At this practice, the need for the strict confidentiality of personal information about patients is taken very seriously. This document sets out our policy for maintaining confidentiality and all members of the practice team must comply with these safeguards as part of their contract of employment or contract for services with the practice.
The importance of confidentiality
The relationship between dentist and patient is based on the understanding that any information revealed by the patient to the dentist will not be divulged without the patient’s consent. Patients have the right to privacy and it is vital that they give the dentist full information on their state of health to ensure that treatment is carried out safely. The intensely personal nature of health information means that many patients would be reluctant to provide the dentist with information if they were not sure that it would not be passed on. If confidentiality is breached, the dentist/dental hygienist/dental therapist/dental nurse faces investigation by the General Dental Council and possible erasure from the Dentists or DCP Register, and may also face legal action by the patient for damages and, for dentists, prosecution for breach of the 1998 Data Protection Act.
General Dental Council
All staff must follow the General Dental Council’s rules for maintaining patient confidentiality contained in Standards for dental professionals and Principles of patient confidentiality.
If confidentiality is breached, each registered dental professional involved is responsible to the Council for their individual conduct.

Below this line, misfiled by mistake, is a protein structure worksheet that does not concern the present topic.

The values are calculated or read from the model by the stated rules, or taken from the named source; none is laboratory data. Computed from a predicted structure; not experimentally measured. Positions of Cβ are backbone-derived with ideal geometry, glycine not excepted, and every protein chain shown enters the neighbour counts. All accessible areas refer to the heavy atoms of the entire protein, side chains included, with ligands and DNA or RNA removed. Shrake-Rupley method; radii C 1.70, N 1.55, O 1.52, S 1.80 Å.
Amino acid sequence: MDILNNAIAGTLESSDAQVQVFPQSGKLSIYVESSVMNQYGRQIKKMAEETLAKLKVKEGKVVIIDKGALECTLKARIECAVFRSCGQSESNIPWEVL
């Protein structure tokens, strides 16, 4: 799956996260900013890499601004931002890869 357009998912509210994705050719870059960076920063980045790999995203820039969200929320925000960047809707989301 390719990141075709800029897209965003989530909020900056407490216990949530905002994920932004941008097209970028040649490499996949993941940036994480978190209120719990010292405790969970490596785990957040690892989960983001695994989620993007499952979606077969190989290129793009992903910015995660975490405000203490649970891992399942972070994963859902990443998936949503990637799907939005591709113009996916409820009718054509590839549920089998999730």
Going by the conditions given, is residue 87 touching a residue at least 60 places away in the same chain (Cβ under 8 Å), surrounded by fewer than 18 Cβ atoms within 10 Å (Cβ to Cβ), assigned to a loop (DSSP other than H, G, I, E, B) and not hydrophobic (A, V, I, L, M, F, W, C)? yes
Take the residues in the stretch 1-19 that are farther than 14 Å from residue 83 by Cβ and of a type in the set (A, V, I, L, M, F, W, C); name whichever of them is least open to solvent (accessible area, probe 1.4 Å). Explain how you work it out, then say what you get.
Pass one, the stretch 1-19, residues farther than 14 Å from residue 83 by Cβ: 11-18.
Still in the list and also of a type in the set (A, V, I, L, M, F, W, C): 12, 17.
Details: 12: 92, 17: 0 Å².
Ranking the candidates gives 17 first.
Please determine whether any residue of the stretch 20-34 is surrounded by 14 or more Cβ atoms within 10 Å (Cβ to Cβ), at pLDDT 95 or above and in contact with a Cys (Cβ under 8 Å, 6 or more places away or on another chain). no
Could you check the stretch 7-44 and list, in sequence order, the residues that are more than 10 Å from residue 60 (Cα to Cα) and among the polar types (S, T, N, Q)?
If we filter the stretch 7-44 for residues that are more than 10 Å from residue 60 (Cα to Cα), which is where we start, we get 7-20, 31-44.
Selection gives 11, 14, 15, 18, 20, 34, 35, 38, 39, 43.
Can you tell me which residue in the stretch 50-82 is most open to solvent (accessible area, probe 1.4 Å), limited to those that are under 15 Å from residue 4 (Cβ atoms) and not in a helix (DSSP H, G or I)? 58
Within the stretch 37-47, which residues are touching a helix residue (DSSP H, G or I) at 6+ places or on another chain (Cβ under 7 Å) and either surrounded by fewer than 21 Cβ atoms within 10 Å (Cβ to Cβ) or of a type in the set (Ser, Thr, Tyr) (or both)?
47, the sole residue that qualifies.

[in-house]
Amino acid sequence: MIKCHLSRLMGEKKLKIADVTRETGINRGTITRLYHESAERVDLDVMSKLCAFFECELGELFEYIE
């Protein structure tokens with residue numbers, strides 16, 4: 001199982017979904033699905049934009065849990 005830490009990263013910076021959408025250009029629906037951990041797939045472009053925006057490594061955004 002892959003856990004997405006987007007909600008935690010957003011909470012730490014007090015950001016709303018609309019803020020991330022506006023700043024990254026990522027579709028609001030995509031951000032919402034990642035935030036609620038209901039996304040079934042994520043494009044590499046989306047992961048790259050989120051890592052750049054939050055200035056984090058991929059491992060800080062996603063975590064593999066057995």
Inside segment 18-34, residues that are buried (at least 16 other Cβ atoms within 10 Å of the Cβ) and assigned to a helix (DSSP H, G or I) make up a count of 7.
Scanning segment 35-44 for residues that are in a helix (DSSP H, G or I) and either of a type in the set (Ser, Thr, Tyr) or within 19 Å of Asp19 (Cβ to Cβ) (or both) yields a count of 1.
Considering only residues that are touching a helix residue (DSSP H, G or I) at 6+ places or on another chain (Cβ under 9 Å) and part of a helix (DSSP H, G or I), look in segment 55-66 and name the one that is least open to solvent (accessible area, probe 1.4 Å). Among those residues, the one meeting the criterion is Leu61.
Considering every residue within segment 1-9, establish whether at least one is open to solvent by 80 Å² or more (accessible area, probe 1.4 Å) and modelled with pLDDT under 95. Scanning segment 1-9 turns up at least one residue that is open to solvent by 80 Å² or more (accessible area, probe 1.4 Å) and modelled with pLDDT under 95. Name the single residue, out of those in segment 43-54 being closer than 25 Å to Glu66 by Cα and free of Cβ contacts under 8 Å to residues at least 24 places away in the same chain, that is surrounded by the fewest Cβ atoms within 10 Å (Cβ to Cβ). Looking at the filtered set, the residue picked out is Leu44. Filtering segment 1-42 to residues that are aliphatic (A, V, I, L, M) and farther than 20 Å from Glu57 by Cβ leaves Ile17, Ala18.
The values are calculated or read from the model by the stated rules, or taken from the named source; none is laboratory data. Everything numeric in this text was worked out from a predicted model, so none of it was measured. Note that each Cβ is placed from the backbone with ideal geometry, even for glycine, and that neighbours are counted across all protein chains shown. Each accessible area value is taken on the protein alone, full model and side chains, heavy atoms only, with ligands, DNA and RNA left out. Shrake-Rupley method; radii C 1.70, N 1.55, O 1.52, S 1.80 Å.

What is personal information?
In a dental context, personal information held by a dentist about a patient includes:
- the patient’s name, current and previous addresses, bank account/credit card details, telephone number/email address and other means of personal identification such as physical description
- information that the individual is or has been a patient of the practice or attended, cancelled or failed to attend an appointment on a certain day
- information concerning the patient’s physical, mental or oral health or condition
- information about the treatment that is planned, is being or has been provided
- information about family members and personal circumstances supplied by the patient to others
- the amount that was paid for treatment, the amount owing or the fact that the patient is a debtor to the practice.
Principles of confidentiality
This practice has adopted the following three principles of confidentiality:
Personal information about a patient:
- is confidential in respect of that patient and to those providing the patient with health care
- should only be disclosed to those who would be unable to provide effective care and treatment without that information (the need-to-know concept), and
- such information should not be disclosed to third parties without the consent of the patient except in certain specific circumstances described in this policy.
Disclosures to third parties